I tidied up my office at home recently and came across an old issue of Inside Housing, from 2006.
Apart from asking myself why I still had such an old issue, I was struck by one thing. The thickness of the magazine. It had loads more pages than the current issues. And why is this I hear you ask?
One word. Jobs.
There were 22 pages of jobs in 2006.
Yes, you read right. 22 pages. Compare this to recent Inside Housing issues which have around 4 pages of jobs. I realise this is a far from scientific analysis between the two periods, but it has got me thinking.
When I first started to work in the Housing sector in the early 2000’s, I remember the vast array of jobs advertised in the back of Housing Today (now called Inside Housing). It was a big part of the reason I felt Housing would be a good career choice, as I could see that, if I worked hard, there were real opportunities to progress.
A more detailed look back at the 2006 issue of Inside Housing shows that, apart from the sheer volume of jobs, there were lots of officer level jobs. Sure, there were some senior level roles advertised, similar to today’s issues, but the vast majority were for lower and middle manager level jobs.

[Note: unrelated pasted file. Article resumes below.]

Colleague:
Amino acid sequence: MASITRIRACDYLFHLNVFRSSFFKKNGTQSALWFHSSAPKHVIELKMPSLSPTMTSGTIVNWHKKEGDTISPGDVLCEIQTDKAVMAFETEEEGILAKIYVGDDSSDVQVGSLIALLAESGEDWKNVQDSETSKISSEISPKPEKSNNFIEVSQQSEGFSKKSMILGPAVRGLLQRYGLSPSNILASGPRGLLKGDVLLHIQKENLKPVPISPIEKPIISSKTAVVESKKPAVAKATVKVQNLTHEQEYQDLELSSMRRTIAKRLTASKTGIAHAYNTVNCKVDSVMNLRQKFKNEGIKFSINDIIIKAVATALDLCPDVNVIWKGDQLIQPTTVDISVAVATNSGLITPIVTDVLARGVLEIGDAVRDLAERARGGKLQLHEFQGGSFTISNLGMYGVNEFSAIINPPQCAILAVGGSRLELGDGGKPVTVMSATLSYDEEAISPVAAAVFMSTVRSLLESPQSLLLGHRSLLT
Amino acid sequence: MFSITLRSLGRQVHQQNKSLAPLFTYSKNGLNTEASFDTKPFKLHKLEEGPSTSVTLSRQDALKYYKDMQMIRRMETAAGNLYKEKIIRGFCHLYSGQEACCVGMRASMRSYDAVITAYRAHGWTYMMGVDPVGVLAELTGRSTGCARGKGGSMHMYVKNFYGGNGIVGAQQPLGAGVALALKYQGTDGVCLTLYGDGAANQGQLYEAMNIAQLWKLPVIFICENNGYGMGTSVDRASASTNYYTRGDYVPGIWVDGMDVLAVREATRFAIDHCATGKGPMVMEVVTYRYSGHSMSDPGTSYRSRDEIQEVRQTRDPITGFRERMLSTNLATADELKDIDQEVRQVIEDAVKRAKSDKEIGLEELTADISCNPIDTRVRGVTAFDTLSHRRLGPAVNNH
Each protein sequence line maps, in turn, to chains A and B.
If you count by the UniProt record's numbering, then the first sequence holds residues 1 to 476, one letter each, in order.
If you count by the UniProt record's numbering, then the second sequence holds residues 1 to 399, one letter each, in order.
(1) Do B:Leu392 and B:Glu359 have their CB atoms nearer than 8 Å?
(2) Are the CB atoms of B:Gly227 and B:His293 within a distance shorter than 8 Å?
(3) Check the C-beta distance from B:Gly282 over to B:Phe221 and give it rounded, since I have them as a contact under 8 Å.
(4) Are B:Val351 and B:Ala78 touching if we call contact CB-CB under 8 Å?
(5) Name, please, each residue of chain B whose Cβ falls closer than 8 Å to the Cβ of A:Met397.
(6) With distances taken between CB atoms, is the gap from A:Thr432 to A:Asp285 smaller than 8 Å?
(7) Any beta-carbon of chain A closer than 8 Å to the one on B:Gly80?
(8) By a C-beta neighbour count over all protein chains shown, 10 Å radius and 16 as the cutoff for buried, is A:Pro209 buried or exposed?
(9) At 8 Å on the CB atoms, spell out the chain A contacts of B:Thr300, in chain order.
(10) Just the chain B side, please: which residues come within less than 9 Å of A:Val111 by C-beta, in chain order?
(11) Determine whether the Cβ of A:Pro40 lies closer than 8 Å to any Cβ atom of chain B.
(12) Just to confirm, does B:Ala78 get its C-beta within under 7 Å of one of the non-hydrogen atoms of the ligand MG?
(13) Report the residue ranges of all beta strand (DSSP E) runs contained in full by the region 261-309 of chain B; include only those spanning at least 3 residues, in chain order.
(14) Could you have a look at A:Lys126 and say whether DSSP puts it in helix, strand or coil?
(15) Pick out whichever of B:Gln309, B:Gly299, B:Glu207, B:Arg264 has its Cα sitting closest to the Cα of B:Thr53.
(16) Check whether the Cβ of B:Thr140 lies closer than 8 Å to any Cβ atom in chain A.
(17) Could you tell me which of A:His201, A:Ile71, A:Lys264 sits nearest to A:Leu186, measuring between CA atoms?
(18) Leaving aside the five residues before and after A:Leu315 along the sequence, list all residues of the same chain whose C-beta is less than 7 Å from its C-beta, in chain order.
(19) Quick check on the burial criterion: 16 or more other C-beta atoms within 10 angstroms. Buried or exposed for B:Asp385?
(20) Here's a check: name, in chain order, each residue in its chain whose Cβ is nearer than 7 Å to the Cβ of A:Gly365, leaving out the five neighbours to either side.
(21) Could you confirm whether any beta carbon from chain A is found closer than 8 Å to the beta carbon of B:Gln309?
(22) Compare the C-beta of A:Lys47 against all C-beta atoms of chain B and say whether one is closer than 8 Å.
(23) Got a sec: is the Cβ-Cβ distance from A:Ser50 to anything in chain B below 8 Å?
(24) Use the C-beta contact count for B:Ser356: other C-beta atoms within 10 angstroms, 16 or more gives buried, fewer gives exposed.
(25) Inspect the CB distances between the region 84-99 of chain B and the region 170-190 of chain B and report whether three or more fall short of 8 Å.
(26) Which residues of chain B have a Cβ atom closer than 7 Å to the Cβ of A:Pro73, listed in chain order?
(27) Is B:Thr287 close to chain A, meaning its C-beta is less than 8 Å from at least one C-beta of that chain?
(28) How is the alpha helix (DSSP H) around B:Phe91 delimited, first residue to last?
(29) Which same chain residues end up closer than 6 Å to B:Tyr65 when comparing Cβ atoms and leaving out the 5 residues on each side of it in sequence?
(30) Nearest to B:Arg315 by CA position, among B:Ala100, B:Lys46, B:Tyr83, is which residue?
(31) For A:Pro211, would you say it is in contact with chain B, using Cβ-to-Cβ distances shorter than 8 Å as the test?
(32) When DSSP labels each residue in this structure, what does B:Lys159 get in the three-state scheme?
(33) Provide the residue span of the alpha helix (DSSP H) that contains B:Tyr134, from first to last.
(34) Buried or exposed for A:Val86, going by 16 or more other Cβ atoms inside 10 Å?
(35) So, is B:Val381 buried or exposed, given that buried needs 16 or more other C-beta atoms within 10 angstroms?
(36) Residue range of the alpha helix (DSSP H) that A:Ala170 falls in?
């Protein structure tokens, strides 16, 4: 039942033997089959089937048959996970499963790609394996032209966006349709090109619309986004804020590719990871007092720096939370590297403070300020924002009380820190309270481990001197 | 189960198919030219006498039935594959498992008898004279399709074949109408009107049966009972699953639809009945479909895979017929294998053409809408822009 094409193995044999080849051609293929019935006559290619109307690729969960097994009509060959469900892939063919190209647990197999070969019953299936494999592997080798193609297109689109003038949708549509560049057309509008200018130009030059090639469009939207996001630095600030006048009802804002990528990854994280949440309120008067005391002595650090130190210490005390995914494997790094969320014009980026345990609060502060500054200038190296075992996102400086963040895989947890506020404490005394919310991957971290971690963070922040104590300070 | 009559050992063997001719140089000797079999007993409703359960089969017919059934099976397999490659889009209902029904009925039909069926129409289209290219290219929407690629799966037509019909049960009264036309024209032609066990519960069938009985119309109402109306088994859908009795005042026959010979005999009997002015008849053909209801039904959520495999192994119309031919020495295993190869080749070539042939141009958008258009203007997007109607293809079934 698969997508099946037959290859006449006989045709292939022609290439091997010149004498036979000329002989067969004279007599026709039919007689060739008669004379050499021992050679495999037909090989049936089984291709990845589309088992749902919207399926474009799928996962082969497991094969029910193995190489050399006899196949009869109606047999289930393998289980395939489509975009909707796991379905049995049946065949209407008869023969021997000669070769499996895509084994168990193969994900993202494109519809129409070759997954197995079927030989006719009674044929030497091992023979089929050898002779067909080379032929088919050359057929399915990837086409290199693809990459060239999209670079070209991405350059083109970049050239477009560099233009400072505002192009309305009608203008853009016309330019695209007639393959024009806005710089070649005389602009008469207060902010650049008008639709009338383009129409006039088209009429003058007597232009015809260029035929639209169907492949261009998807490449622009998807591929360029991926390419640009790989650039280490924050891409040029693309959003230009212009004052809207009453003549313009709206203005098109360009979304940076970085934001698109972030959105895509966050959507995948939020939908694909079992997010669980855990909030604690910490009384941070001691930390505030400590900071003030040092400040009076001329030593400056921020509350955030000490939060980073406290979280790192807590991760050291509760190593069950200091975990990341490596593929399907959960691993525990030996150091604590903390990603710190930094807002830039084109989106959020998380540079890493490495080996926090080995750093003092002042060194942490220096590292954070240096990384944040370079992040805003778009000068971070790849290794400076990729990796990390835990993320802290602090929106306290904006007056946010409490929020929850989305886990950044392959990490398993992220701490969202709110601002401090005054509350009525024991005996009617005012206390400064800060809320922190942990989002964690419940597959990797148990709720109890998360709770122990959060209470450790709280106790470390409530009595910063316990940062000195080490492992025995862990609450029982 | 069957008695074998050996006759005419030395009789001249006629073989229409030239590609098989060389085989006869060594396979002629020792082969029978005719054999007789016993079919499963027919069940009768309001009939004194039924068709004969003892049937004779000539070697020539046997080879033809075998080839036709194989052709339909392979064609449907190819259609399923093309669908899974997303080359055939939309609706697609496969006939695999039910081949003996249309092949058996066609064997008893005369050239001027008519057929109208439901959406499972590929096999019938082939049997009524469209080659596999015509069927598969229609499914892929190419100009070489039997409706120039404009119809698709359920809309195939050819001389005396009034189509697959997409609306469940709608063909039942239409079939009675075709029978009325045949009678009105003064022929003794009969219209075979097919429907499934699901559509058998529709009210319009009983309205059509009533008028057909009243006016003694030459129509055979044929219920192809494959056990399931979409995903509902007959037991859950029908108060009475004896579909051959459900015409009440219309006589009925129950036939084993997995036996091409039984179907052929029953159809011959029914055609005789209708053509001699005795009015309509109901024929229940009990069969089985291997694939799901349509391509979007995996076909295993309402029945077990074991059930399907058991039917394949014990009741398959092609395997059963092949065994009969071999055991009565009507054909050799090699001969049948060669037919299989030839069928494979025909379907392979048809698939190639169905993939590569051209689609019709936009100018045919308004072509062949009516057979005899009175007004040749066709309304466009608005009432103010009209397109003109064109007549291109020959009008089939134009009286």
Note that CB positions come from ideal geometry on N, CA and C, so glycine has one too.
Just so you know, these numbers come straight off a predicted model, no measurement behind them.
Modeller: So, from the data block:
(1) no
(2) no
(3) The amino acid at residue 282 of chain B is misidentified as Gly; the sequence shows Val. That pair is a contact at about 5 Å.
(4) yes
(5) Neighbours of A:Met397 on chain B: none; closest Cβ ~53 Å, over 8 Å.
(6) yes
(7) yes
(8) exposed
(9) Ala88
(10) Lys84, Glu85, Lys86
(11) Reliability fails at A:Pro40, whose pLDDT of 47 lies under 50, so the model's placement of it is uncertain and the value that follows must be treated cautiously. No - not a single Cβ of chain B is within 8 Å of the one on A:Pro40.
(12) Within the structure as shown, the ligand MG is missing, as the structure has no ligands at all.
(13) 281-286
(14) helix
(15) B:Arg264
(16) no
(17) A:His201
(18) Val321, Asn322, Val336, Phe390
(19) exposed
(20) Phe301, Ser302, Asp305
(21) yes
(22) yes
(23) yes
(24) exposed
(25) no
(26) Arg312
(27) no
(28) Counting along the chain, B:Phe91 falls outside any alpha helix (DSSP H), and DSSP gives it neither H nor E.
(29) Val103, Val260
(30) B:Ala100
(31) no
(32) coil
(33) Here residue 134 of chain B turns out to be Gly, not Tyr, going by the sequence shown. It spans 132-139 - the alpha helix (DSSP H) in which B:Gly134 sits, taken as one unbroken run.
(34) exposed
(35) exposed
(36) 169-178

Does this mean there are less Housing jobs now than in 2006?
Of course, the other thing I distinctly remember when I started my career was that it felt a really exciting sector to work in. Nineteen years into my Housing career and I still feel excited by the sector, but I do wonder….
Is this still how people joining the Housing sector feel today?
Do new Housing professionals feel the same sense of wonderment, that the world is their oyster and anything is possible?
Leave your thoughts on a postcard (or below this blog post!)…..